China eased its international border restrictions on Sunday, with travellers arriving from Hong Kong and abroad no longer required to undergo quarantine.
The ability of residents of the semi-autonomous southern Chinese city to cross over is one of the most visible signs of China’s easing of border restrictions.
Travellers crossing between Hong Kong and mainland China, however, are still required to show a negative Covid-19 test taken within the last 48 hours – a measure China has criticised when imposed by other countries.
Hong Kong has been hit hard by the virus, and its land and sea border checkpoints with the mainland have been largely closed for almost three years.
Despite the risk of new infections, the reopening that will allow tens of thousands of people who have made prior online bookings to cross each day is expected to provide a much-needed boost to Hong Kong’s tourism and retail sectors.
On a visit to Lok Ma Chau station, which was steadily filling with eager travellers on Sunday morning, Hong Kong chief executive John Lee said the number of crossing points would continue to be expanded from the current seven to the full 14.
“The goal is to get back as quickly as possible to the pre-epidemic normal life,” Mr Lee told reporters. “We want to get co-operation between the two sides back on track.”
Communist Party newspaper Global Times quoted Tan Luming, a port official in Shenzhen on the border with Hong Kong, saying about 200 passengers were expected to take the ferry to Hong Kong, while another 700 were due to travel in the other direction, on the first day of reopening.
Mr Tan said a steady increase in passenger numbers is expected over coming days.
Hong Kong media reports said around 300,000 travel bookings from the city to mainland China have already been made, with a daily quota of 60,000.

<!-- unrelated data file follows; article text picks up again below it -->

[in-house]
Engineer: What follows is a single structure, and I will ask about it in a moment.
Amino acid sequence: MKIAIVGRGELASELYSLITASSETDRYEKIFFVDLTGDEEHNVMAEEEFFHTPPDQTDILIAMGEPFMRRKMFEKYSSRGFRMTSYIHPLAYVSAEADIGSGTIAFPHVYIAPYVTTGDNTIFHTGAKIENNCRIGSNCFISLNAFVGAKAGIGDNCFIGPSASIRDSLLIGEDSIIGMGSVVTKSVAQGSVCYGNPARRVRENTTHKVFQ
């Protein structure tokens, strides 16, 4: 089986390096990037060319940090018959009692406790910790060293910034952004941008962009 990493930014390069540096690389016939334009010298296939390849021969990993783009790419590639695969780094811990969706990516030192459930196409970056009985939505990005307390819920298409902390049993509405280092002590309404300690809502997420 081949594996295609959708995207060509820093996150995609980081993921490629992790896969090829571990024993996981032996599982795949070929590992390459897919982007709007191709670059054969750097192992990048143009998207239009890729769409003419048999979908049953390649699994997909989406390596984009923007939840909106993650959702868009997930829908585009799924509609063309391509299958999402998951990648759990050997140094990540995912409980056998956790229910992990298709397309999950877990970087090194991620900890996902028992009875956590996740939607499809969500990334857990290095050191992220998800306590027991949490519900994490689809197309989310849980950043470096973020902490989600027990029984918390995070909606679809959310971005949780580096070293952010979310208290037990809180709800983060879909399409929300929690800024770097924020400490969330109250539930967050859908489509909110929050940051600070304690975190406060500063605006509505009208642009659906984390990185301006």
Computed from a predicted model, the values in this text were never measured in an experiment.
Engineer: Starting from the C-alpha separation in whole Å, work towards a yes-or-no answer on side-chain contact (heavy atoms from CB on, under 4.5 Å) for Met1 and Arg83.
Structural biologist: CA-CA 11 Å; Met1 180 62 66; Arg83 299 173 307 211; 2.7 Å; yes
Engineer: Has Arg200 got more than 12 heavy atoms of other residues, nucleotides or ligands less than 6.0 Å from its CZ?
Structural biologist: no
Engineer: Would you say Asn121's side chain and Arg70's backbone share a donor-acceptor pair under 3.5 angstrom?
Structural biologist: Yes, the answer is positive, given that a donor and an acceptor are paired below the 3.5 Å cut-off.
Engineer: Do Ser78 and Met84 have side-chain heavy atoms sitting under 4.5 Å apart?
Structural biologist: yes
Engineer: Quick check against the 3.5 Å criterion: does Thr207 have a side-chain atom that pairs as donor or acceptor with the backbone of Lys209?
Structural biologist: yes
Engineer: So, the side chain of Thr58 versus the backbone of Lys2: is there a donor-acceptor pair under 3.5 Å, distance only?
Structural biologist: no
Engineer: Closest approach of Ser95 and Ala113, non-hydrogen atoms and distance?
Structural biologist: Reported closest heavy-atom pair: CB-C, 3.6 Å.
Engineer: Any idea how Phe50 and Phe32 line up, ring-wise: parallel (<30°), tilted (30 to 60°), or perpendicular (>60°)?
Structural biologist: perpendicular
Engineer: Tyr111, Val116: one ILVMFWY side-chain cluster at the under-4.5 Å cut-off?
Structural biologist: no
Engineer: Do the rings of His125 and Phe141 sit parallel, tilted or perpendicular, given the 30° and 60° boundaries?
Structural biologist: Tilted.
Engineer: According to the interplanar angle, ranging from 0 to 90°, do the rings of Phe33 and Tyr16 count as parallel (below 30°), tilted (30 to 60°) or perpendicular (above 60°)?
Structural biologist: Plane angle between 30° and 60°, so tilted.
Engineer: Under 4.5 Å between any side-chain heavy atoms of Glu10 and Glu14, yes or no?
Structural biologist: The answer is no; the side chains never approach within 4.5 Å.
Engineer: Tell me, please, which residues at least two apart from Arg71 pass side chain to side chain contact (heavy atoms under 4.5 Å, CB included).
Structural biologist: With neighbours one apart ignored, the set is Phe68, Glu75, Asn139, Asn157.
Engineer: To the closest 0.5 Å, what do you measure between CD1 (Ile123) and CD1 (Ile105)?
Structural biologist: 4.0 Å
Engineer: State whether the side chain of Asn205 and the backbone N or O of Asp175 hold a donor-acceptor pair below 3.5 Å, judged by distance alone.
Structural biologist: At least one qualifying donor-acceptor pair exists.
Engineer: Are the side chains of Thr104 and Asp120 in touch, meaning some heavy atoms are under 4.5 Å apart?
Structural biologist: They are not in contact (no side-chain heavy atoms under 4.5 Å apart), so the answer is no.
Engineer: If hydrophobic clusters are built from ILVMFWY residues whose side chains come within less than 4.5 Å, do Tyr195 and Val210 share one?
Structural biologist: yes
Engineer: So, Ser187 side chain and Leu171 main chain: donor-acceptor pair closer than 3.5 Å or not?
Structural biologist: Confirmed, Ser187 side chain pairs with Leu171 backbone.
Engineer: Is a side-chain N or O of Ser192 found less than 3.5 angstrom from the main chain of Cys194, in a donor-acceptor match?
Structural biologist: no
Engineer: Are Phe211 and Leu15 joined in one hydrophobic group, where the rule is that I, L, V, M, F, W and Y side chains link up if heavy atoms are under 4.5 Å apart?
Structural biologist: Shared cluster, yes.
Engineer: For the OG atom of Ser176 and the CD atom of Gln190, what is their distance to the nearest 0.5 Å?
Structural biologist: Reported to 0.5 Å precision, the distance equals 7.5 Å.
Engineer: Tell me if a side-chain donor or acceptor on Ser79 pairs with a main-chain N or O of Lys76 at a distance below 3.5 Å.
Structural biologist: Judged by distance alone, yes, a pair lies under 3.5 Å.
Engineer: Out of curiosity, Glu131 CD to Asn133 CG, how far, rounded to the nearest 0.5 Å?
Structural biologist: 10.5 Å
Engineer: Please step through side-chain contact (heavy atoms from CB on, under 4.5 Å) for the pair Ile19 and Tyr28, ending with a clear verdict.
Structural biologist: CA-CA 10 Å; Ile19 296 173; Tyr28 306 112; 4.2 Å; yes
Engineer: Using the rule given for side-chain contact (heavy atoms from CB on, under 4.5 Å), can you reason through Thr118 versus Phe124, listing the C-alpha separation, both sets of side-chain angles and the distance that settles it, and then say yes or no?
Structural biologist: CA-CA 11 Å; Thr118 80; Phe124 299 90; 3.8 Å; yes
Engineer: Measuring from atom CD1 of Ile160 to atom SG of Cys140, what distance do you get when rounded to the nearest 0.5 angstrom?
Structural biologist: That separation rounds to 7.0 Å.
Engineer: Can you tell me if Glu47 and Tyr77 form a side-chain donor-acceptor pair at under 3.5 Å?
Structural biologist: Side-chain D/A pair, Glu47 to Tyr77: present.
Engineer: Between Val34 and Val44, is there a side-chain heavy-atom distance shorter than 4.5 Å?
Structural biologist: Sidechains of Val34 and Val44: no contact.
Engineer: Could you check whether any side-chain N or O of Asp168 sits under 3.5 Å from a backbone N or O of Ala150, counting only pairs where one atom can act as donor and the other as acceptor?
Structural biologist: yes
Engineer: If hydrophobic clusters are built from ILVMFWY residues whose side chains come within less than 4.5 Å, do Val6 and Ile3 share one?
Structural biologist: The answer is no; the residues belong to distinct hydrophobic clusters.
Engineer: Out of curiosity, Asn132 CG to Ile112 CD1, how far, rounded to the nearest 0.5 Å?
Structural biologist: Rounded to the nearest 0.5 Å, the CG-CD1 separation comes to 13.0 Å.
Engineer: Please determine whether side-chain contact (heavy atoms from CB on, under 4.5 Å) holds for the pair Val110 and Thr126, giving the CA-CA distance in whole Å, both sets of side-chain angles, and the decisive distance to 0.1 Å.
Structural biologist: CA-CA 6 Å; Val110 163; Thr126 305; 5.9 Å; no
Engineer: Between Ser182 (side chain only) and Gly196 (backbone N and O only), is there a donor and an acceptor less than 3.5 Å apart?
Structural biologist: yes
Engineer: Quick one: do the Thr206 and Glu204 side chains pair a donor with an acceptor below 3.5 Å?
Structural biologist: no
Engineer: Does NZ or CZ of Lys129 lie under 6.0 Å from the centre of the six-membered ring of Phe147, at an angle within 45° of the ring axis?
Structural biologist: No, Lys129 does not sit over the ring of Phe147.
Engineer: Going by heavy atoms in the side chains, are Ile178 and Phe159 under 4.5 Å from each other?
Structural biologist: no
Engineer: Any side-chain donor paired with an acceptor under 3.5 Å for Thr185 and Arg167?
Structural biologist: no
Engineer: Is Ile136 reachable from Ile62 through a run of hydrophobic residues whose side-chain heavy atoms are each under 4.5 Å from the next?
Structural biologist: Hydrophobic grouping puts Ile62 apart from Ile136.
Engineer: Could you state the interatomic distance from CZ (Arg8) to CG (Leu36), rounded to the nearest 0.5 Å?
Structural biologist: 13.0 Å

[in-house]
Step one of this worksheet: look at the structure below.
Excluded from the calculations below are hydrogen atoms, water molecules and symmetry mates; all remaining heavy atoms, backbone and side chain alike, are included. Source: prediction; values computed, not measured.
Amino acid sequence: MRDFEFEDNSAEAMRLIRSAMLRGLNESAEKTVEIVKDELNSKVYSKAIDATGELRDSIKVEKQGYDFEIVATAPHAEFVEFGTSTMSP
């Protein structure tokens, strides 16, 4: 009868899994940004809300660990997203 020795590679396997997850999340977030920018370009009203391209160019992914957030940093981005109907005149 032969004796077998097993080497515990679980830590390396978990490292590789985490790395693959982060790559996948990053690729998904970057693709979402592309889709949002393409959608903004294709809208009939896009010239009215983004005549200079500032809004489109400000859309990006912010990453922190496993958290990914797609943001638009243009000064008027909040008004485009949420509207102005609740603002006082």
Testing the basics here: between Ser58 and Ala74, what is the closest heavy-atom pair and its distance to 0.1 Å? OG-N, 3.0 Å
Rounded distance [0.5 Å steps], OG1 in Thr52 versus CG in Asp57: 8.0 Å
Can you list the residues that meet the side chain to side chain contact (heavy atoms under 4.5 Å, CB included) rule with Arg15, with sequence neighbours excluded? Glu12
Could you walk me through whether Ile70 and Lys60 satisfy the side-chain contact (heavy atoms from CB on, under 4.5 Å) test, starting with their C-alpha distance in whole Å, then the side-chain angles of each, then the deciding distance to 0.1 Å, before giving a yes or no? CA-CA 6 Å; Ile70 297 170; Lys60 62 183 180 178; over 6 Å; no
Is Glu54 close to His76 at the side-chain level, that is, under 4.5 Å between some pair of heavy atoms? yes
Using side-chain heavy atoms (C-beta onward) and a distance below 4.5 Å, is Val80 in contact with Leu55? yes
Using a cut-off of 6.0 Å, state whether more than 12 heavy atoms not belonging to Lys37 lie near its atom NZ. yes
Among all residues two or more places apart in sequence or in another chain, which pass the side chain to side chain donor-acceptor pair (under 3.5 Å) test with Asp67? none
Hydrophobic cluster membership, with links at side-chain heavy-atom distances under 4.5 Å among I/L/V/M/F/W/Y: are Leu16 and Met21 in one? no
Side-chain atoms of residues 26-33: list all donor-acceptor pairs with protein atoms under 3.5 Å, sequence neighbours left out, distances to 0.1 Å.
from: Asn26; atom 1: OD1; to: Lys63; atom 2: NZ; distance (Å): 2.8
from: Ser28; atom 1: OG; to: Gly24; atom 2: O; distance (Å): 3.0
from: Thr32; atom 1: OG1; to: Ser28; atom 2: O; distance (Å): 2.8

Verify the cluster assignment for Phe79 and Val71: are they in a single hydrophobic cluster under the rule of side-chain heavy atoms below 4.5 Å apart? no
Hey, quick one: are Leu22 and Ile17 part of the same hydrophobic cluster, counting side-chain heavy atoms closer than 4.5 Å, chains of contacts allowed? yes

Limited ferry service had also been restored from China’s Fujian province to the Taiwanese-controlled island of Kinmen just off the Chinese coast.
The border crossing with Russia at Suifenhe in the far northern province of Heilongjiang also resumed normal operations, just in time for the opening of the ice festival in the capital of Harbin, a major tourism draw.
At Ruili, on the border with Myanmar, normal operations were resumed after 1,012 days of full or partial closure in response to repeated outbreaks blamed partly on visitors from China’s neighbour.
China’s borders remain largely sealed, however, with only a fraction of the previous number of international flights arriving at major airports.
Beijing’s main Capital International Airport was expecting eight flights from overseas on Sunday.
Shanghai, China’s largest city, received its first international flight under the new policy at 6.30am, with only a trickle of others to follow.
That number is expected now to tick upwards, with booking inquiries for overseas flights overwhelming some online travel services ahead of the Lunar New Year travel rush later this month.
Capital International is preparing to reopen arrival halls that have been quiet for most of the past three years.
Shanghai, meanwhile, announced it would again start issuing regular passports to Chinese for foreign travel and family visits, as well as renewing and extending visas for foreigners.
Those restrictions have had a particularly devastating effect on foreign businesspeople and students in the key Asian financial centre.
China is now facing a surge in cases and hospitalisations in major cities and is bracing for a further spread into less developed areas with the start of China’s most important holiday of the year, set to get underway in coming days.
Authorities say they expect domestic rail and air journeys will double over the same period last year, bringing overall numbers close to those of the 2019 holiday period before the pandemic hit.